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2.1.6 Temporary Classes

In Figure 2.2, we saw that the new keyword was unnecessary when instantiating classes. This permits a form of shorthand that is very useful for creating temporary classes, or “throwaway“ classes which are used only once.

Consider the following example:

    // new instance of anonymous class
    var foo = Class(
    {
        'public bar': function()
        {
            return 'baz';
        }
    } )();

    foo.bar(); // returns 'baz'

Figure 2.8: Declaring a temporary (throwaway) class

In Figure 2.8 above, rather than declaring a class, storing that in a variable, then instantiating it separately, we are doing it in a single command. Notice the parenthesis at the end of the statement. This invokes the constructor. Since the new keyword is unnecessary, a new instance of the class is stored in the variable foo.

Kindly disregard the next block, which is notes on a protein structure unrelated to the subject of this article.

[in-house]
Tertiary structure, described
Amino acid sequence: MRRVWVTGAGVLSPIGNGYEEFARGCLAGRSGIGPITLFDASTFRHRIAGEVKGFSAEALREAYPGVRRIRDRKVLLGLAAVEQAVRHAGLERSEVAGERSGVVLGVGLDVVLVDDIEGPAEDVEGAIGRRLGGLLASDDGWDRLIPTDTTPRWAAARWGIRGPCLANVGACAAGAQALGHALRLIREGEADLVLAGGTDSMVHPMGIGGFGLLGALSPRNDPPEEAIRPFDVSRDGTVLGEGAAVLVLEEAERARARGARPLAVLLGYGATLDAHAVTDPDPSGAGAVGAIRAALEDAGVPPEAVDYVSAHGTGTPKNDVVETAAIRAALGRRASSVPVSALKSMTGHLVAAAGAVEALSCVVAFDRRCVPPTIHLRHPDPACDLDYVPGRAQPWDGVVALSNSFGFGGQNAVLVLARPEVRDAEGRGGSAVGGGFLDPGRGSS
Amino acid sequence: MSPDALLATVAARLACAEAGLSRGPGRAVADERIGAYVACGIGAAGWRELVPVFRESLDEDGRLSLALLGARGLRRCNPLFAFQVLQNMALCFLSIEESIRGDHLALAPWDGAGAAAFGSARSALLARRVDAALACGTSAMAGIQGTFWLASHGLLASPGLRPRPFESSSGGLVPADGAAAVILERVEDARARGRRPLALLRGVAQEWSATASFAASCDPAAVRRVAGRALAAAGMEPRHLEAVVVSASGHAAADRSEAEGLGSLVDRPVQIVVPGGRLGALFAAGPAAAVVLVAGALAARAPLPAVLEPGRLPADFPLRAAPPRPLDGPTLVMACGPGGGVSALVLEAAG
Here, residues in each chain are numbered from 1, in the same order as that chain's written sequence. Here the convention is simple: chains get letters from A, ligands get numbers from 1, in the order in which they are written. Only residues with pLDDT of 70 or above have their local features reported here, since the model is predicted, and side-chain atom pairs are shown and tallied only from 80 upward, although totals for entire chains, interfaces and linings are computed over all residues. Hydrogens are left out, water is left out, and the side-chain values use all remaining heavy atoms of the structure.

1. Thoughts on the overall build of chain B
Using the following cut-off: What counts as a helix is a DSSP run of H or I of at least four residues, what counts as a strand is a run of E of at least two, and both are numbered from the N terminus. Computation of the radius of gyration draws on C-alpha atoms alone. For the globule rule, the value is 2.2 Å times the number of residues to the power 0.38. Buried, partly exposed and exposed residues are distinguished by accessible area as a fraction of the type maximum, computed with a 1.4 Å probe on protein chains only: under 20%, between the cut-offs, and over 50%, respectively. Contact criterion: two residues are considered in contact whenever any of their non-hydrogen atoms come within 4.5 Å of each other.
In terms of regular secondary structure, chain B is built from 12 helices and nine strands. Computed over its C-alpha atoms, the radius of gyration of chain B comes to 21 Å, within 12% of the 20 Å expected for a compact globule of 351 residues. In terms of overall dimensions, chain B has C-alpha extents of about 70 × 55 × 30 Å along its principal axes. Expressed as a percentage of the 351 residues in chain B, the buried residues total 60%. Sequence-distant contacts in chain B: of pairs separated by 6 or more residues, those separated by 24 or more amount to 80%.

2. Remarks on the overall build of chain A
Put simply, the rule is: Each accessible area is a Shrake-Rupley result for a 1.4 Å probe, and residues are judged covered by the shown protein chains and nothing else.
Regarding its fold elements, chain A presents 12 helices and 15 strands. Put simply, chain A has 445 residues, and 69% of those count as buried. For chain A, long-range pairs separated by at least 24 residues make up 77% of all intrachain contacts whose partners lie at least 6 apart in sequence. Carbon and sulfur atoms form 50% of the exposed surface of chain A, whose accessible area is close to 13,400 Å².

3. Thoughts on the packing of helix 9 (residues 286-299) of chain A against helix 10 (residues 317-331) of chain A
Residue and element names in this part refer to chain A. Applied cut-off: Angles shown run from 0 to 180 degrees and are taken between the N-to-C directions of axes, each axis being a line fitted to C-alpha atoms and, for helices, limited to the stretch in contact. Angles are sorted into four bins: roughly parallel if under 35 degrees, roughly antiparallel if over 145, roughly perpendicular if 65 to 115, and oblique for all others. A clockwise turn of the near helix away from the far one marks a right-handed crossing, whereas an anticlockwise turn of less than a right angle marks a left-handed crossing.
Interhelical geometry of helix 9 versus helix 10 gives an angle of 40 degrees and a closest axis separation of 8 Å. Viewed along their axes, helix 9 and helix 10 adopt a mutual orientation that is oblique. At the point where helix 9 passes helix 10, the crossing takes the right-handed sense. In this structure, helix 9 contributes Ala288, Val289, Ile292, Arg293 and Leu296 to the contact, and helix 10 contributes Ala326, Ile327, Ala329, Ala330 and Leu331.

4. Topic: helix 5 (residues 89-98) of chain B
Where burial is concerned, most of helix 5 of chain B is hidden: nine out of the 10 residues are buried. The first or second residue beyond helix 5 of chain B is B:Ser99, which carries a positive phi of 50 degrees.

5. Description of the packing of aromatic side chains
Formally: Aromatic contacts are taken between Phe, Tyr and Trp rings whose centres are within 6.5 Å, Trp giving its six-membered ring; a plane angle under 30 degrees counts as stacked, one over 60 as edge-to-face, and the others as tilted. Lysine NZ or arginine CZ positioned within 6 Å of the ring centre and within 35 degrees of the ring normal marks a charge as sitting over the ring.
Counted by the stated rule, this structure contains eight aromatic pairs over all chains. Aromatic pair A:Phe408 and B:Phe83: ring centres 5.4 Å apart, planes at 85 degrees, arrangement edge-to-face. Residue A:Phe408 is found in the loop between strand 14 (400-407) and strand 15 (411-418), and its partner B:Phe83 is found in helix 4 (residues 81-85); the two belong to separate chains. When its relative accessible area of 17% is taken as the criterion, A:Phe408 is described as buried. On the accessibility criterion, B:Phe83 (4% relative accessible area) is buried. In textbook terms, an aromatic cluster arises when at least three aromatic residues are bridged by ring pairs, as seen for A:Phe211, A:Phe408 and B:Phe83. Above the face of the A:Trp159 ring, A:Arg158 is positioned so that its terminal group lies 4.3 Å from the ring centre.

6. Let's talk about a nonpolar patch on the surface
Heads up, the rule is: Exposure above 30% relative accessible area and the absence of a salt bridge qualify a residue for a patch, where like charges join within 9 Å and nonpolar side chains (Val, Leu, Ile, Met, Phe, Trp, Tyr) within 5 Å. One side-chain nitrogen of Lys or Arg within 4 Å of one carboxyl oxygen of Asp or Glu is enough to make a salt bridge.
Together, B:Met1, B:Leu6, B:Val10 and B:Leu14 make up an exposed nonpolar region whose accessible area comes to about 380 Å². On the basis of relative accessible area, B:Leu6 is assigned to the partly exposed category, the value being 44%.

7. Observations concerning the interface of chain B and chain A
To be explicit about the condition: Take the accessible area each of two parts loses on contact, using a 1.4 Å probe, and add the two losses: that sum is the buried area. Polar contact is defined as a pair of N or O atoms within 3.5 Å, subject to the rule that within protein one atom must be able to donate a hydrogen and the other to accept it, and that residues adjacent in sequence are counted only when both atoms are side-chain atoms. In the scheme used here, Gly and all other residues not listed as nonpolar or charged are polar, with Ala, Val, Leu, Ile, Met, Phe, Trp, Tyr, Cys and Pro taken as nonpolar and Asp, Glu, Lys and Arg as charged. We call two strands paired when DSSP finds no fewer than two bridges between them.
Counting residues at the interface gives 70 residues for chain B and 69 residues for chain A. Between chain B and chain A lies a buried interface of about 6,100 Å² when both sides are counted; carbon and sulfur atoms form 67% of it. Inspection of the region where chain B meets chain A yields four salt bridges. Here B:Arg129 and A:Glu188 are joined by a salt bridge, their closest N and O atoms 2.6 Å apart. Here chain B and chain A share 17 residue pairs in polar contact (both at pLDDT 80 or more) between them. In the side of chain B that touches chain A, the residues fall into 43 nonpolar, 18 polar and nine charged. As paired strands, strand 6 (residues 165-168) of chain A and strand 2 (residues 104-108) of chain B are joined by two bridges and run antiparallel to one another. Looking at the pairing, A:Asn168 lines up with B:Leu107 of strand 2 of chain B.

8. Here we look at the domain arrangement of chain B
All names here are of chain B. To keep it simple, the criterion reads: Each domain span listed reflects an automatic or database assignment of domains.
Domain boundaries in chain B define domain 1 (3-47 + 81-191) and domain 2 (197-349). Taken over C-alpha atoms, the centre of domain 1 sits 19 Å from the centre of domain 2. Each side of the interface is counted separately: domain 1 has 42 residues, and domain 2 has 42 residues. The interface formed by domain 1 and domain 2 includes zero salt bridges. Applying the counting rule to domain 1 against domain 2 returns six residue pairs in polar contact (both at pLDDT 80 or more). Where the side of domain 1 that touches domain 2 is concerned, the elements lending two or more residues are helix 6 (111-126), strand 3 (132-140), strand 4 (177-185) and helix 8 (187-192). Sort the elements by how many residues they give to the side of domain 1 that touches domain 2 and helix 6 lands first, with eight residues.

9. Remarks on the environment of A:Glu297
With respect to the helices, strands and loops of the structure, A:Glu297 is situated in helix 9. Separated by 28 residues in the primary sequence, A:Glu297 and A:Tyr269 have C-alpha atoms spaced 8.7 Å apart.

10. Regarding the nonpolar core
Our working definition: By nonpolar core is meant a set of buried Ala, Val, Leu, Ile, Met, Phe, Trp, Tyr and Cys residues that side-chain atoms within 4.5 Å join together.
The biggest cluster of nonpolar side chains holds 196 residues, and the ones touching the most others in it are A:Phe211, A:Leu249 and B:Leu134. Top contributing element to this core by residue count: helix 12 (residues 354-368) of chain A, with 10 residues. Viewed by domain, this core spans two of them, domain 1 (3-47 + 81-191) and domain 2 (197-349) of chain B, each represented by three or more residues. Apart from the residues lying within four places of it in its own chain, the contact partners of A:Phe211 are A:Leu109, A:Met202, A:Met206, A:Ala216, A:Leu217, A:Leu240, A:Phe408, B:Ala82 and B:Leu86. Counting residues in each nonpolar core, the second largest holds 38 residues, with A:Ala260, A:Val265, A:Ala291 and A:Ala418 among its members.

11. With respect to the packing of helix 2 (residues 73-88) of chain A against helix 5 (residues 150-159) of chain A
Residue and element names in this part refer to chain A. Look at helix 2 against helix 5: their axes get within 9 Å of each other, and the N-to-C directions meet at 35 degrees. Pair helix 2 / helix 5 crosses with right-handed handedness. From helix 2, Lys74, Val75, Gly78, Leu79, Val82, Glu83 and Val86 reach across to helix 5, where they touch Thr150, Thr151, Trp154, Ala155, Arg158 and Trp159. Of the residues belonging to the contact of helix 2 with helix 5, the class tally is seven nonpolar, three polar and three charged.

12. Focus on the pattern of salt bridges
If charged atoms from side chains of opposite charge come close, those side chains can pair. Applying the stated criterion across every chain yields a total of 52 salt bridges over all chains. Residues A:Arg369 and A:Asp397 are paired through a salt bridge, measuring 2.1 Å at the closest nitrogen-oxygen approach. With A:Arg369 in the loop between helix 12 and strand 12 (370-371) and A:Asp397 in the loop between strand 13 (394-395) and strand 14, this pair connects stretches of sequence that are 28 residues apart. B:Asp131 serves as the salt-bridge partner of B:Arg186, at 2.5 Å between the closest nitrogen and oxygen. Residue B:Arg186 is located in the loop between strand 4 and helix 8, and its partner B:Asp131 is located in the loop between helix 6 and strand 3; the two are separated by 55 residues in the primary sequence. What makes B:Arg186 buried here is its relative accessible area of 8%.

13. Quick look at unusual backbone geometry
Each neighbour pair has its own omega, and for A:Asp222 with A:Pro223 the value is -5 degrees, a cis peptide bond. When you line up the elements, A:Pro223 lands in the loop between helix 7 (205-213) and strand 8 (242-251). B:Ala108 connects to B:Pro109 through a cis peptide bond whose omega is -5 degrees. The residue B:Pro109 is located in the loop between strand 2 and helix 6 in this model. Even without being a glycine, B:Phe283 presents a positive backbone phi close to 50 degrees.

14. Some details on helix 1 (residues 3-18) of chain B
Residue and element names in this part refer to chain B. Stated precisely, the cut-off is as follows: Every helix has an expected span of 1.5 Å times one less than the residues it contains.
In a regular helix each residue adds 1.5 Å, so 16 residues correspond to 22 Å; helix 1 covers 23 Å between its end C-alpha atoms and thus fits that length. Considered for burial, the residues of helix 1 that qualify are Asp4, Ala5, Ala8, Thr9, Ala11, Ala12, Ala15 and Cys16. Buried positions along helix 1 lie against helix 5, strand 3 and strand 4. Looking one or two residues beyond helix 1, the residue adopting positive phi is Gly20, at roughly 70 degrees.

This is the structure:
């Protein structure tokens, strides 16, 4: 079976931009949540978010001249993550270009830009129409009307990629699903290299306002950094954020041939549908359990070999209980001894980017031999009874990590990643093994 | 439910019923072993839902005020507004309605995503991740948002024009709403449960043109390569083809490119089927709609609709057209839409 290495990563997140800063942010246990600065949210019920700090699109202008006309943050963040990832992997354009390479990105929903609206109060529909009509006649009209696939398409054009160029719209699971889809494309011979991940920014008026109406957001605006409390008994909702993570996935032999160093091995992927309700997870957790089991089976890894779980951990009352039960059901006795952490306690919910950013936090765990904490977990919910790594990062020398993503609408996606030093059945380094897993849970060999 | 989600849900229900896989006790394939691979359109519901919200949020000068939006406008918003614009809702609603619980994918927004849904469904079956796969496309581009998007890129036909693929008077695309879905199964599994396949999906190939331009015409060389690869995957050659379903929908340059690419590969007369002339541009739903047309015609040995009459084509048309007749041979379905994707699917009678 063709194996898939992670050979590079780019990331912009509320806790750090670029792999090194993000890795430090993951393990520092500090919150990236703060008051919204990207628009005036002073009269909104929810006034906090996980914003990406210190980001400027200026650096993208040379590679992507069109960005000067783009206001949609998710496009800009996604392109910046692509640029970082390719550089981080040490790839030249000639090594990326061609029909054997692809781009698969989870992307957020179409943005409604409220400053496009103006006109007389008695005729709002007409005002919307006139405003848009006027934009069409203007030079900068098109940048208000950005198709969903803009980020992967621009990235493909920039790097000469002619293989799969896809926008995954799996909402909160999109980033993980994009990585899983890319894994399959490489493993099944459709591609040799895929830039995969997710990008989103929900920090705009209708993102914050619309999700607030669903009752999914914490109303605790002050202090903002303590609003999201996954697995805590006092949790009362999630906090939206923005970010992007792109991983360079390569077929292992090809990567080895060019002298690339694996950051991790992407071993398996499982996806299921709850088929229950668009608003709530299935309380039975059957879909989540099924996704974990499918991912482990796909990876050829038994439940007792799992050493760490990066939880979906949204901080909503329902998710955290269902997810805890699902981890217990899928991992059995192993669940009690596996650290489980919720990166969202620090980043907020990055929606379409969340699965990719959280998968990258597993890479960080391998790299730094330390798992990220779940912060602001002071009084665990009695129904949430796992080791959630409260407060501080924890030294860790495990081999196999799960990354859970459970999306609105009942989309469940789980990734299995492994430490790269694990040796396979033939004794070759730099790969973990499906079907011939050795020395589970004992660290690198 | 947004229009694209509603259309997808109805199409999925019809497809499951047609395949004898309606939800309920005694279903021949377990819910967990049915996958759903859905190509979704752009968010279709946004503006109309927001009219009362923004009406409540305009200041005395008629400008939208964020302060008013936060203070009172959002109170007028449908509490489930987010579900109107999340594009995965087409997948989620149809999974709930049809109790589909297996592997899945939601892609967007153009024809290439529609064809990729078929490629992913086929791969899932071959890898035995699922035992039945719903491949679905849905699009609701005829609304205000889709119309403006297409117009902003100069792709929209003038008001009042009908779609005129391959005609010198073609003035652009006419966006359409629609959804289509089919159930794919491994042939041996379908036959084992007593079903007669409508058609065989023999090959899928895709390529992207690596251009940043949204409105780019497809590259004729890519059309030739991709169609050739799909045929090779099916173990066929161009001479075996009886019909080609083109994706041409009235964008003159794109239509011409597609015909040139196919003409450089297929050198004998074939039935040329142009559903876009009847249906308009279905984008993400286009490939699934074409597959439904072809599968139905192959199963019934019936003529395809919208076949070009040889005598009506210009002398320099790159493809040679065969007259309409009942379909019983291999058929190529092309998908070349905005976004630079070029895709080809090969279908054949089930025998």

We call this a temporary class because it is used only to create a single instance. The class is then never referenced again. Therefore, we needn't even store it - it's throwaway.

The downside of this feature is that it is difficult to notice unless the reader is paying very close attention. There is no keyword to tip them off. Therefore, it is very important to clearly document that you are storing an instance in the variable rather than an actual class definition. If you follow the CamelCase convention for class names, then simply do not capitalize the first letter of the destination variable for the instance.